Those of you that pay attention may have noticed that I haven’t been posting my rambling and incoherent thoughts much lately. In fact, I had, and still have, a half finished post on the absolute delights of birding the amazing island of Borneo in Asia. It’s sitting in my drafts folder, over a month after I started it, and will stay there a while longer before I inflict it on the world. It is half finished because the day after I started it, two days before I planned to publish it, I retired to bed early with a general feeling of malaise and a pounding headache. The next day I didn’t got to work, ten days later my condition deteriorated to the point I was admitted to the hospital, and six weeks later I am still working part time as part of what promises to be a slow recovery.

Coming down with nasty flu like symptoms so soon after coming back from tropical Asia obviously focused the direction of the initial tests, and I had to describe my itinerary, locations, living conditions and behaviour in Borneo a number of times to different doctors. And while the initial suspicion, malaria, was wrong (and thank God too because I spent a fortune on preventative pills), I did indeed contract an Asian strain of bacterial infection.

Catching unpleasant tropical maladies is a risk all birders, or any other tourists, take when they visit exotic locales. And while you don’t often see it discussed on trip reports, preparing for this is an important part of getting ready for going on a trip. It’s crucial that you visit a travel doctor before you start (and with enough time to get everything you need) to find out what kind of vaccinations, pills and other preventative measures you might need. And, of course, all the preparation in the world won’t protect you every time, so make sure you have good travel insurance.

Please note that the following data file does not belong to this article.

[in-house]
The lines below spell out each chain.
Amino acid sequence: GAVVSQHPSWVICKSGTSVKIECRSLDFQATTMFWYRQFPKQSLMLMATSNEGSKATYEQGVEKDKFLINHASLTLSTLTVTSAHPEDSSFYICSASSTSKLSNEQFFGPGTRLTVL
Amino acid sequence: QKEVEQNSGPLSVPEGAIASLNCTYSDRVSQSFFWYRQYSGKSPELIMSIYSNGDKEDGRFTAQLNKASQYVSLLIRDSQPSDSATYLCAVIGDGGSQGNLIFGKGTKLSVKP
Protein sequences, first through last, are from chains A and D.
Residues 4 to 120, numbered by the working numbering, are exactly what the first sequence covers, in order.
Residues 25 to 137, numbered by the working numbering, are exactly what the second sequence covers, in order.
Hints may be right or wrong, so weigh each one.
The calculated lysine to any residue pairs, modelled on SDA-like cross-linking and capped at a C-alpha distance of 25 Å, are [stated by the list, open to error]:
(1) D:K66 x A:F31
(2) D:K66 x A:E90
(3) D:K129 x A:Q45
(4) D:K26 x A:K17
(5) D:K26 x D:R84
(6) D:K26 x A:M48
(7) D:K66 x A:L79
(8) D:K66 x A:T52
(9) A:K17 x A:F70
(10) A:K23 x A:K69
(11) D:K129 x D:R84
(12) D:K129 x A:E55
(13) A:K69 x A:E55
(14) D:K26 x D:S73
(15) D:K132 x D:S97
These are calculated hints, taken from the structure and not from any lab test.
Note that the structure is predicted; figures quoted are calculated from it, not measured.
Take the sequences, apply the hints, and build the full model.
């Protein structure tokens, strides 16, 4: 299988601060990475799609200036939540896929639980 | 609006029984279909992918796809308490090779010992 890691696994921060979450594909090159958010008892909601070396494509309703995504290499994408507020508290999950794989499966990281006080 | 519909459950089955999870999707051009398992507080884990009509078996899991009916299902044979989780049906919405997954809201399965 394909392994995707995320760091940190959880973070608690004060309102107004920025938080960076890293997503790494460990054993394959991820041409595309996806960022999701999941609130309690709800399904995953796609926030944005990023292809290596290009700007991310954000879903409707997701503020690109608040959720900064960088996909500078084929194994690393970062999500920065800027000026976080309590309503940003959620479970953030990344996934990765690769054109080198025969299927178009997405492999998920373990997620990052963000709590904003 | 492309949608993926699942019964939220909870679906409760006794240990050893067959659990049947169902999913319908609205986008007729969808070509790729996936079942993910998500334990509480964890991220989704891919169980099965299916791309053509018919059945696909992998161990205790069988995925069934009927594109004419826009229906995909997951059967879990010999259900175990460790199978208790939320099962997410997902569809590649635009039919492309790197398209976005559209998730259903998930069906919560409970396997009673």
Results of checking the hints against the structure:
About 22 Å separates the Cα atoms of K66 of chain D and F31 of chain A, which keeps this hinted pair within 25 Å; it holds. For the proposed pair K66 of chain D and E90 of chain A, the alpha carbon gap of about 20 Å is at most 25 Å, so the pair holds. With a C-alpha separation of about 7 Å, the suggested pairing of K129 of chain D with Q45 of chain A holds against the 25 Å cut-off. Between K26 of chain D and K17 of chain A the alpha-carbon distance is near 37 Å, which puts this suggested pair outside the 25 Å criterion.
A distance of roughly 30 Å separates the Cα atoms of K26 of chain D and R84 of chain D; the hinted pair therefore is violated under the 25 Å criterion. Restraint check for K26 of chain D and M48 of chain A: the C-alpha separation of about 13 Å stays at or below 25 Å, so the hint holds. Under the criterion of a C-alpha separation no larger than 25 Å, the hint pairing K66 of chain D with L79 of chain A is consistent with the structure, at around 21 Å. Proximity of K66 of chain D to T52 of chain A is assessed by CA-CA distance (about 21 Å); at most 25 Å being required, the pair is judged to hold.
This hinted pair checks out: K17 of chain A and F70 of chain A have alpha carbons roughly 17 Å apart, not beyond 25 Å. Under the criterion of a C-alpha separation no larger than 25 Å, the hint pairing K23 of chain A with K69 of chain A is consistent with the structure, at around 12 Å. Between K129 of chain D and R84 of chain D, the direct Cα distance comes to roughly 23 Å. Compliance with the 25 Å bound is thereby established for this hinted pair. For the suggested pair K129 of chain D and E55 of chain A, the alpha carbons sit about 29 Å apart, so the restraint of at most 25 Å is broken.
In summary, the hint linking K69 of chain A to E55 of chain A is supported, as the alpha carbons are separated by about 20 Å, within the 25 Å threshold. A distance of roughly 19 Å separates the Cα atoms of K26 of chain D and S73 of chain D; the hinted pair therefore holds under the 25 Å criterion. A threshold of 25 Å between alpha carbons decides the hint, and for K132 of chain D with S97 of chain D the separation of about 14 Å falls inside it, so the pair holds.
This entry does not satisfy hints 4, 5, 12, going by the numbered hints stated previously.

It’s also worth thinking about the worst before you go. All the preparation in the world is not a guarantee you’ll be fine. I was prepared and took reasonable precautions while I was out there, and I was still struck down. But it was a risk I was prepared to take, and would take again. I’ve actually been quite lucky in the past, spending much longer periods of time in much more basic circumstances in wilder locations. Were I not so feeble still I’d laugh that it was the time I can finally stay at a five star location that I manage to get very ill. But I love traveling, love seeing new places and have no desire to be hemmed in by fear. I imagine most birders are the same, but it is parhaps best to reflect on that before you go.

Sunda LaughingthrushA little visit to the hospital isn’t enough to put me off the opportunity to see birds like the Sunda Laughingthrush!


Written by Duncan
Duncan Wright is a Wellington-based ornithologist working on the evolution of New Zealand's birds. He's previously poked albatrosses with sticks in Hawaii, provided target practice for gulls in California, chased monkeys up and down hills Uganda, wrestled sharks in the Bahamas and played God with grasshopper genetics in Namibia. He came into studying birds rather later in life, and could quit any time he wants to.